This would make no sense whatsoever if believers are already with Jesus in heaven for thousands of years before the resurrection.  It is only logical if believers are in their graves awaiting a resurrection when Christ returns.

This also explains why the apostle Paul argued strenuously for a physical resurrection to the Corinthians.  These Corinthians had been exposed to the pagan philosophical notion of the immortal soul.  In explaining the gospel, Paul had to convince them that this notion was wrong.  He had to show them that the resurrection is necessary.This is what Paul says to them:

For if the dead are not raised, not even Christ has been raised. And if Christ has not been raised, your faith is futile and you are still in your sins. Then those also who have fallen asleep in Christ have perished. If in this life only we have hoped in Christ, we are of all people most to be pitied. But in fact Christ has been raised from the dead, the firstfruits of those who have fallen asleep. For as by a man came death, by a man has come also the resurrection of the dead. For as in Adam all die, so also in Christ shall all be made alive. But each in his own order: Christ the firstfruits, then at his coming those who belong to Christ.9

Nowhere in Paul’s argument does he concede that death is not real.  He argues for the absolute necessity of a resurrection. In fact, he says that if there is no resurrection, believing in Christ is futile.  If there will be no resurrection, we are all still in our sins.  If there will be no resurrection, we are of all people most to be pitied.

Why? Because those who die have fallen asleep.  They are not alive somewhere up yonder or down there.  They are not alive anywhere. 

Jesus experienced that state of death – from Good Friday to Easter Sunday.  Paul says that Christ was the first to be awakened from that sleep.  The rest of us await his coming. It is then that we will be made alive again. Paul argues that until that takes place, our hope in Christ is only that. It is a hope.  If Christ does not return to raise us, that hope will be in vain.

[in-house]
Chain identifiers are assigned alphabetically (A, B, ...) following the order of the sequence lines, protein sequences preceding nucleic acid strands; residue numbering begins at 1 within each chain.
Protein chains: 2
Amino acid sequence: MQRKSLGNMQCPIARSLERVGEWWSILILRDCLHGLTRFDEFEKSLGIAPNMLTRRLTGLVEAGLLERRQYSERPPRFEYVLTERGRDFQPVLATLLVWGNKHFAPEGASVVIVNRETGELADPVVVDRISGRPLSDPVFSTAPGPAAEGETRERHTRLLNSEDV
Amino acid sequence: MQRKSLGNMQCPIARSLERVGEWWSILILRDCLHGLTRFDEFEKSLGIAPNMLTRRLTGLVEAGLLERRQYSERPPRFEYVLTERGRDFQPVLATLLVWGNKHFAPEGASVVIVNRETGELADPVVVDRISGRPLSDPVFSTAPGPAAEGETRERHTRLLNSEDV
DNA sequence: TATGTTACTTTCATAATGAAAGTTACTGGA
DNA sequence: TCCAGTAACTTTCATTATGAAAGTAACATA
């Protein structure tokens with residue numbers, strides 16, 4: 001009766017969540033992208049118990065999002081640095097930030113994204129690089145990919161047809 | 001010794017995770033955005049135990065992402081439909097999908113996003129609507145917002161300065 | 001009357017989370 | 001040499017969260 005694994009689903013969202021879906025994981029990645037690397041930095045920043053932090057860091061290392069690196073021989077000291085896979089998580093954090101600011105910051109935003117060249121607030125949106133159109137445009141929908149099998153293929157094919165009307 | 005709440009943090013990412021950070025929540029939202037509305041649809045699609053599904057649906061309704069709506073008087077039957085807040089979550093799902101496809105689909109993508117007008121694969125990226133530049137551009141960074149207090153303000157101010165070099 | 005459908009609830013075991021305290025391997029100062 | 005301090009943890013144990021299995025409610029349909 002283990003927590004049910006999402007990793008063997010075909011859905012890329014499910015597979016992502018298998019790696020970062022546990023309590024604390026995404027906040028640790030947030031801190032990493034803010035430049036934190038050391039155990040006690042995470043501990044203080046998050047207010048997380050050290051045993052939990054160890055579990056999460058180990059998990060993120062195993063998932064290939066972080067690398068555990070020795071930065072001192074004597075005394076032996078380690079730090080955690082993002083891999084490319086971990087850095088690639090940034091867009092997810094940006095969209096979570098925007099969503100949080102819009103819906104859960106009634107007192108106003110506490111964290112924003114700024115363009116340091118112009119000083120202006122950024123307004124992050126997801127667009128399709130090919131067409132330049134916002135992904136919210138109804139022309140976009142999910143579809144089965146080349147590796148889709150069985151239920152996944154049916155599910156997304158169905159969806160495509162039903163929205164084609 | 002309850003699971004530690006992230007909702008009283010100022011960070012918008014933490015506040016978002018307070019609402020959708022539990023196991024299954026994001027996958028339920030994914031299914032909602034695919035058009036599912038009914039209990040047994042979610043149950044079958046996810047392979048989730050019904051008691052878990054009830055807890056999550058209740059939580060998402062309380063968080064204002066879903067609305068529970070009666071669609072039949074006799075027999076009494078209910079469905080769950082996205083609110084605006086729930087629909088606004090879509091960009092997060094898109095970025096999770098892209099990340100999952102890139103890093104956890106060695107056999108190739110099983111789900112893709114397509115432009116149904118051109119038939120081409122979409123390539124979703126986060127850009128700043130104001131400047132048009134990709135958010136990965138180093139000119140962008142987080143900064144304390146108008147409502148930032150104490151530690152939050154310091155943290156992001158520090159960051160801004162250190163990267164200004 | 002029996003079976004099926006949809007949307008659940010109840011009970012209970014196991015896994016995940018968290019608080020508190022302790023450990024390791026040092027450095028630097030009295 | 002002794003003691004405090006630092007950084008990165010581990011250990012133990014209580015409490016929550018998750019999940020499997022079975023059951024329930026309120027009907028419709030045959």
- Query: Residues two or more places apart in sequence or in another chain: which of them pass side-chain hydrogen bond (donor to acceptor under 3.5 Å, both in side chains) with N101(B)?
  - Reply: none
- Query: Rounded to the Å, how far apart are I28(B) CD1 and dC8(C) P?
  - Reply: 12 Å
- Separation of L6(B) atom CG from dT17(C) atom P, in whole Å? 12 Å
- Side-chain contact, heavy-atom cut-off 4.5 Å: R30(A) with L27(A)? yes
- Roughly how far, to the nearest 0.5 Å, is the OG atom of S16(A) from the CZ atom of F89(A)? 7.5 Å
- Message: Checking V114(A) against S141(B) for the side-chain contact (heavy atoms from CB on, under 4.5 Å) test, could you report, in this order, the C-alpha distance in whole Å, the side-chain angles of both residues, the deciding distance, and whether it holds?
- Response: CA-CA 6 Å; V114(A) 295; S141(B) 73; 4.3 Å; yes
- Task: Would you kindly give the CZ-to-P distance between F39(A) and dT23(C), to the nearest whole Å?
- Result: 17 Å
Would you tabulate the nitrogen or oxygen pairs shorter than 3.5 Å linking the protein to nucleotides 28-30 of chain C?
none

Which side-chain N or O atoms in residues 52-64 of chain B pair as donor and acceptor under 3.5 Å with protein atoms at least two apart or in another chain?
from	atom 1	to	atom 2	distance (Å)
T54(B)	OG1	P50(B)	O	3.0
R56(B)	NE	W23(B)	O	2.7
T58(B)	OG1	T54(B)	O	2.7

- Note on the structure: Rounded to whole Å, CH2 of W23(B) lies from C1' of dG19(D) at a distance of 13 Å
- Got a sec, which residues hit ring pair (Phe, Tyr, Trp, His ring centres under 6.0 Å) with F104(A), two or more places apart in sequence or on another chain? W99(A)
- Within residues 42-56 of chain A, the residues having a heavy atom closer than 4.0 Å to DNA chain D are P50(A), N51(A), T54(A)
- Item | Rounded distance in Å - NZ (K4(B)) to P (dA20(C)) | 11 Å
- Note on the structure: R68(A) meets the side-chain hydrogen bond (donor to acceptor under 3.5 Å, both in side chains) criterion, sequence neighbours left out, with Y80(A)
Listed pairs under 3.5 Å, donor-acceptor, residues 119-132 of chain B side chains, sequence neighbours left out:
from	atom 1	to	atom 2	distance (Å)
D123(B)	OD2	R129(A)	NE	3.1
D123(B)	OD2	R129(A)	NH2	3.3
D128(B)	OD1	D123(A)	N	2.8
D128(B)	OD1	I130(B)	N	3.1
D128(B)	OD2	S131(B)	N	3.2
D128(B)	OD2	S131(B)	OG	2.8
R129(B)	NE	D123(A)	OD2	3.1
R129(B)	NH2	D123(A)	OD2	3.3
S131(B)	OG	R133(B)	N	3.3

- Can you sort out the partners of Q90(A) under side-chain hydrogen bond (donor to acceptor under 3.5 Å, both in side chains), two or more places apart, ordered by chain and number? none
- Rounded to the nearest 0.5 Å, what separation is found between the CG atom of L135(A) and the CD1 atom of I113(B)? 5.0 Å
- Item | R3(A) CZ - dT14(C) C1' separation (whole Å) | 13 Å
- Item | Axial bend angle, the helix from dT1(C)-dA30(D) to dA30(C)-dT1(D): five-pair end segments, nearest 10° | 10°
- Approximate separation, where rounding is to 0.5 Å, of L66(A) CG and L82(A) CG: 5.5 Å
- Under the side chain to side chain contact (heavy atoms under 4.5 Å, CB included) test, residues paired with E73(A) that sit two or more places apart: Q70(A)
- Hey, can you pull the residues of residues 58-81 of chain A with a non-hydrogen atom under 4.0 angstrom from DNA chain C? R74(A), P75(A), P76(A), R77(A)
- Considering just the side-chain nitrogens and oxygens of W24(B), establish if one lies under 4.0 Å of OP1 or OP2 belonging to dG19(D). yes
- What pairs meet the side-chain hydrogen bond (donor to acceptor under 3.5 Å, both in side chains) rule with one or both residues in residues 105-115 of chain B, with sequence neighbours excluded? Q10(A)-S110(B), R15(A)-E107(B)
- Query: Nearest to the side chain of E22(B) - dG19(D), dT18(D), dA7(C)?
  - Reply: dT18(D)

200px-Plato_Silanion_Musei_Capitolini_MC1377Plato’s philosophy of the innate immortality of the soul had permeated the western world. Surely all the Greeks in Corinth would have been aware of it.  If Paul had agreed with Plato, this would have been a logical place to indicate it.  Instead, Paul argues against the popular notion of a continued conscious existence at death. He argues that unless and until the resurrection takes place, the Christian hope of eternal life will not be fulfilled. The popular Christian teaching today borrows Plato’s notion of continued conscious existence and reads it into the Bible.  The result is that the resurrection takes second place to “going to heaven when I die.”  The biblical hope is never death, but always resurrection.

Jesus knew that each one of his disciples would go to that dark place of death and experience that sleep for millennia before his return. His message to them was not “you will come to me when you die”  but “I will come again and take you to be with me.10 He comforted them by assuring them of their resurrection and reunion with him at his return.  Surely, if they were going to already be with him in heaven for thousands of years, that would have been the logical message to give them.  Why would he omit that if it were the truth?

The popular theology of conscious existence at death teaches that people go to their reward or experience their punishment immediately after death.  The Bible teaches that both reward and punishment will take place after Christ returns. 

“For the Son of Man is going to come with His angels in the glory of His Father, and then He will reward each according to what he has done.”11

God has appointed a day in which every believer will receive the blessings of his faith and every unbeliever will receive the consequences of his unbelief.  That day is not the day of our death but the day of Christ’s return.  By following the pagan teaching of immediate rewards and punishment at death, we are in effect rejecting what the Bible says.  We are choosing to believe what the world teaches instead of what God says in his word.  Conditionalists believe that it makes a difference. 

The logic of conditionalism says that God will not judge before the day in which he has set to judge: the judgment day.

For he has set a day for judging the world with justice by the man he has appointed, and he proved to everyone who this is by raising him from the dead.12